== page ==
Lipodystrophy or lipoatrophy is primary idiopathic atrophy of adipose tissue. Lipodystrophy is a very rare disorder of unknown etiology.
Lipodystrophy can be total, partial, or localized. Total lipodystrophy consists of congenital or acquired complete loss of adipose tissue usually associated with hepatomegaly, hyperglycemia, insulin resistance, hyperlipidemia, and hypermetabolism.
Partial lipodystrophy is manifested as symmetric loss of facial fat tissue with or without similar atrophy of the arms and upper part of the trunk. This syndrome has been associated with renal disease, glomerulonephritis, diabetes, hirsutism, hyperlipidemia, hypocomplementemia, and immunological disorders.
Localized lipodystrophy is localized loss of adipose tissue usually involving multiple areas. Lesions are multifocal, well-demarcated, and atrophic. Lesions can be pigmented or nonpigmented, and they usually are painless. Lesions can be as big as 15 cm in diameter. Lesions tend to be located proximally, ie, buttocks, thighs, and upper arms are involved more frequently than lower legs are. The face, scalp, breasts, distal aspects of the extremities, and mucous membranes tend to be spared. Some patients have local panatrophy involving muscle, fat, and morphealike changes. Local panatrophy can present as panatrophy that includes the manifestation of hemifacial atrophy. One subset group has annular atrophy of the ankles and semicircular lipoatrophy of the anterolateral region of the thighs.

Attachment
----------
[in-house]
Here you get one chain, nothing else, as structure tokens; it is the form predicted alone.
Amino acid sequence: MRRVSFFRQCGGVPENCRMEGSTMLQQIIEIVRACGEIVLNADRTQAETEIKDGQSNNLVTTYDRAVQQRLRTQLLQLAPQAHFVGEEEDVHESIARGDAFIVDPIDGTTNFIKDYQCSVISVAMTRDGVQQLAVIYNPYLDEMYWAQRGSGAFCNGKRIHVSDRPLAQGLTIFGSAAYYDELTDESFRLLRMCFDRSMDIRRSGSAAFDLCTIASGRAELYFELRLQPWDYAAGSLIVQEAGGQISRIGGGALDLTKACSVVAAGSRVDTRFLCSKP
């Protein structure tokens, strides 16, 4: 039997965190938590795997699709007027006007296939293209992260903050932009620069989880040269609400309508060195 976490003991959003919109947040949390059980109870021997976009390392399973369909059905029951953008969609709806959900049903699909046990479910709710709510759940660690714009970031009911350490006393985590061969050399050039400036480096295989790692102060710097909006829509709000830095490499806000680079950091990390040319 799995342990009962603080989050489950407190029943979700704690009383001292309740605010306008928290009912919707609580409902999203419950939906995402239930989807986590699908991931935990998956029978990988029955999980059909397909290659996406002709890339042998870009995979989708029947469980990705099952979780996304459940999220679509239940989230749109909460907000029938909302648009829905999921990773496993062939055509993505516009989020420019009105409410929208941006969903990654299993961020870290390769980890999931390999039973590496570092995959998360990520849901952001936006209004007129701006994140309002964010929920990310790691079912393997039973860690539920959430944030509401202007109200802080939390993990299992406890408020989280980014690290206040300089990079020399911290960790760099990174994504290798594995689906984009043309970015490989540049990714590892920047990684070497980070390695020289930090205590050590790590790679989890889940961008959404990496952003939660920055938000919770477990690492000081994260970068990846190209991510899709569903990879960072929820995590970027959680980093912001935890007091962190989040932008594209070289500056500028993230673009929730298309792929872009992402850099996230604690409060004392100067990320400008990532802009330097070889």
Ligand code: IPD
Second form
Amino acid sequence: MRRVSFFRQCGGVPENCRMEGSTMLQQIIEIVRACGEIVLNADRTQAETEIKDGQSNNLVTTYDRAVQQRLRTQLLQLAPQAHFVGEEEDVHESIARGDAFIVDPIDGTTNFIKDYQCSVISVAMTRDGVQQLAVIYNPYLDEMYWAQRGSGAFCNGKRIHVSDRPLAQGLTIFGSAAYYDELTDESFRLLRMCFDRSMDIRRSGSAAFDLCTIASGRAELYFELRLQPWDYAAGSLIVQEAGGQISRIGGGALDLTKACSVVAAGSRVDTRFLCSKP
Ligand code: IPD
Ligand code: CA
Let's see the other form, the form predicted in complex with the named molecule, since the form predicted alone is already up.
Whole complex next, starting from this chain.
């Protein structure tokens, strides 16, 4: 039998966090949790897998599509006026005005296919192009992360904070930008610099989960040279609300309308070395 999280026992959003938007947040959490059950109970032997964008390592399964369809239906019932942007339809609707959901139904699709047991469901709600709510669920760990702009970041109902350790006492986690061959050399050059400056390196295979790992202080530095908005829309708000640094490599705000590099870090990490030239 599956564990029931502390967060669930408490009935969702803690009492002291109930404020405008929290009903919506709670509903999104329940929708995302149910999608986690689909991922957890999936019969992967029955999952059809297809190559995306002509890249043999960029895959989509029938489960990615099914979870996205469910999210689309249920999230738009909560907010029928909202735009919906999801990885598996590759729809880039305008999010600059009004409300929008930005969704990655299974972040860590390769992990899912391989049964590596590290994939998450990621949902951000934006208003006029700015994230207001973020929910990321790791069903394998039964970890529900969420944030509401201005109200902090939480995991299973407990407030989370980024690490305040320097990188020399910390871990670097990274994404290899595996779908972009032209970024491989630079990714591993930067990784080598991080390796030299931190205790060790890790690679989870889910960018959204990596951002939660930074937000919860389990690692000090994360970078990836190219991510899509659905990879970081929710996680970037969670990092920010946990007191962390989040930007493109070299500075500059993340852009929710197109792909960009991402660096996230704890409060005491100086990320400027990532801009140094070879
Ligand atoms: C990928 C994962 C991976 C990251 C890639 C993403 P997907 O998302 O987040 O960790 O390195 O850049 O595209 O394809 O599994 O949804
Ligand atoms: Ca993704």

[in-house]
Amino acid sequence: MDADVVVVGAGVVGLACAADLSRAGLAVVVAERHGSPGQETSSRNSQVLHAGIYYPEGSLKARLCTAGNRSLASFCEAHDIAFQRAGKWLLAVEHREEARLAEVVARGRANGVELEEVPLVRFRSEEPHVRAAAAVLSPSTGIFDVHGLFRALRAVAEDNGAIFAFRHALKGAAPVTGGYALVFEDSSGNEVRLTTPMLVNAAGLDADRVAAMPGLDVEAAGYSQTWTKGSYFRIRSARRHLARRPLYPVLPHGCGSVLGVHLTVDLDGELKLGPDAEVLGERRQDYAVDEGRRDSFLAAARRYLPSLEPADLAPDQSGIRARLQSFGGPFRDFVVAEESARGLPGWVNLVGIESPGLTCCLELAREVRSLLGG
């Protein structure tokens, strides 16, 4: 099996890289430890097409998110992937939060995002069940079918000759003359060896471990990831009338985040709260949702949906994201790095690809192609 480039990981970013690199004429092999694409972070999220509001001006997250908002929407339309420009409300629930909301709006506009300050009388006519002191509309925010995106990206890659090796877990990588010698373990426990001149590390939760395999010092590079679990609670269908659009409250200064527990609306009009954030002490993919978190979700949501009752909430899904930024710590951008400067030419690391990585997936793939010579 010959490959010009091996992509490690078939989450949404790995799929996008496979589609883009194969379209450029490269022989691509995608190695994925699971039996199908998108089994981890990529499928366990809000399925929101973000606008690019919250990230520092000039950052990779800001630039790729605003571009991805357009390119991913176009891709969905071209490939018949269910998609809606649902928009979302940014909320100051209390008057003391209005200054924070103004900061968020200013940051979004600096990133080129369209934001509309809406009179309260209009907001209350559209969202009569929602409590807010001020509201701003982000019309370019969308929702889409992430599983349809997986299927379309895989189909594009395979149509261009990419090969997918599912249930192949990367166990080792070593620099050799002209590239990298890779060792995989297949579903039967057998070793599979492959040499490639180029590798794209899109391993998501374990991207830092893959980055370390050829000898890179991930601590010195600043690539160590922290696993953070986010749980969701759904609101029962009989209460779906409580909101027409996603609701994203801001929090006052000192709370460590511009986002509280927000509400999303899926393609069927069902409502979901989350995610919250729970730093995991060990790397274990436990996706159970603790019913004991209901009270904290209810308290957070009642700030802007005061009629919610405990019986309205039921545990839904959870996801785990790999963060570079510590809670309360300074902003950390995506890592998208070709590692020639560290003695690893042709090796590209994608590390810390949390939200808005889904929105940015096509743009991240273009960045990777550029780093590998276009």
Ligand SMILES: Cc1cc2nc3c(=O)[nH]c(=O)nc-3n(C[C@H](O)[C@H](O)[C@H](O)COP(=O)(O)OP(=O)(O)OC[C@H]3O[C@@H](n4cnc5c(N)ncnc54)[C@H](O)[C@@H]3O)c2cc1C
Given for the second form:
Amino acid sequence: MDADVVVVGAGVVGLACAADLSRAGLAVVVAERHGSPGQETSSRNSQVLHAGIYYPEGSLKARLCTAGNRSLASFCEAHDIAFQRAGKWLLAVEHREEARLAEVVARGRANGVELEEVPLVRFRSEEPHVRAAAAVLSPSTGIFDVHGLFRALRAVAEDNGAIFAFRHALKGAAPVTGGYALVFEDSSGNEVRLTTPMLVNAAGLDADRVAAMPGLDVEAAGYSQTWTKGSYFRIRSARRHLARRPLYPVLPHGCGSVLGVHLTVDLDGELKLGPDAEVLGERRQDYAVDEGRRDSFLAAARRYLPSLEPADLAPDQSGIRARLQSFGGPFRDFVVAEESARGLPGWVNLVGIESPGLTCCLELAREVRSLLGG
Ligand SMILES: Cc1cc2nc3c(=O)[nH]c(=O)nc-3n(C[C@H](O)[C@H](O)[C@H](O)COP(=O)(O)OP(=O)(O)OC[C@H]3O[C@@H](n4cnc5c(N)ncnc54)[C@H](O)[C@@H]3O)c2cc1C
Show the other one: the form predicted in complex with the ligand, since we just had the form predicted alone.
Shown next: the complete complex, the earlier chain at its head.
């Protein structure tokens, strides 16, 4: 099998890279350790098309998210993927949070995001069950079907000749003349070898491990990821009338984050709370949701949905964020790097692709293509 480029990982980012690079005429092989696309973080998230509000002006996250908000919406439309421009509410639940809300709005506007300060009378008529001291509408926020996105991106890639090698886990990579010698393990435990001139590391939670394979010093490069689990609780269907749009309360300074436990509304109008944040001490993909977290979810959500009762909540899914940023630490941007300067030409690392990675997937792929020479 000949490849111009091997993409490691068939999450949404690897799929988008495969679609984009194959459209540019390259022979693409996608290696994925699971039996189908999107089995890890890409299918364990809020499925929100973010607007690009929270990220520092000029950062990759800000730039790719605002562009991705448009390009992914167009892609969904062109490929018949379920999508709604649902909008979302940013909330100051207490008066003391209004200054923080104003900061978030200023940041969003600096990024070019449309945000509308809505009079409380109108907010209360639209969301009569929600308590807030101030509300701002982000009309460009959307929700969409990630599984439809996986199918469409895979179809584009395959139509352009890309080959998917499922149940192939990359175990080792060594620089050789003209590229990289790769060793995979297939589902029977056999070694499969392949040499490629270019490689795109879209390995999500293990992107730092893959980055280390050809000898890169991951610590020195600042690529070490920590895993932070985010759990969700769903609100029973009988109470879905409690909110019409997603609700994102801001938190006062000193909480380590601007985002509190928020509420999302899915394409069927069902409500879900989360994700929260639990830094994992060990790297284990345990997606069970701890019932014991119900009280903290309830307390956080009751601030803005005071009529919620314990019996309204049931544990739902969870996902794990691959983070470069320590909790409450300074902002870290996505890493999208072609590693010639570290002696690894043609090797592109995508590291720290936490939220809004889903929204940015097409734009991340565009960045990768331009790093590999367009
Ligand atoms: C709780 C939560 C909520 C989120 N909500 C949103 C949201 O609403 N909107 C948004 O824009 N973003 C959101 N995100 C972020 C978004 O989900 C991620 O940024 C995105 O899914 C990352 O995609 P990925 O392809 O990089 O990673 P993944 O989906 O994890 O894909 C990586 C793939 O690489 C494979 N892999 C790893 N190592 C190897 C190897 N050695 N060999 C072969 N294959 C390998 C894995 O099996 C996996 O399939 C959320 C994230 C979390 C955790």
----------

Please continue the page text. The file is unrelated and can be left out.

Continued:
The cause of lipodystrophic syndromes is unknown. One subset of the lipodystrophic syndromes is associated with subcutaneous and intradermal injection sites. In this group, trauma may induce the release of macrophage cytokines (eg, tumour necrosis factor, interleukin-1) that might enhance lipocyte catabolism. Impure animal insulin might lead to localized lipodystrophy, possibly because of a cross-reaction with lipid tissues and insulin antibody. Localized lipodystrophy caused by a cross-reaction is very rare with synthetic insulin.
Lipodystrophy is quite often associated with HIV, which typically refers to changes in fat distribution that are often associated with metabolic abnormalities, including dyslipidemia and insulin resistance. Specifically, patients with lipoatrophy have loss of subcutaneous fat, most noticeably in the limbs, face, and/or buttocks areas. Patients with fat accumulation have gain of visceral fat in the abdomen and may have dorsocervical fat pad enlargement (buffalo hump) and breast enlargement.
In addition to physical exam of your fat tissue (Skinfold-thickness test), the following tests can be performed to confirm Lipodystrophy:
- Metabolic tests (triglyceride and glucose levels in blood)
- Liver function tests (AST, ALT, ultrasound)
- Kidney function tests (serum creatinine levels in blood)
- Cardiovascular (Electrocardiography, Echocardiography, Stress test).
Source: My Lipodystrophy
In general, treatment for acquired partial lipodystrophy is limited to cosmetic, dietary, or medical options.
- Surgery (fat transplant, facial reconstruction, liposuction) is mainly done for cosmetic purposes.
- Diet: No evidence in the literature favors any specific diets in this group of patients. A low-fat, high-carbohydrate diet can be detrimental with regard to triglyceride levels, and weight gain should be avoided to reduce the risk of worsening metabolic status. However, children with this syndrome should be permitted normal food intake to allow for normal growth.
- Few drugs (thiazolidinediones and its derivatives) were used for management of Lipodystrophy, however patients should be informed about side effects.
Currently, no effective treatment exists to halt the progression of lipodystrophy.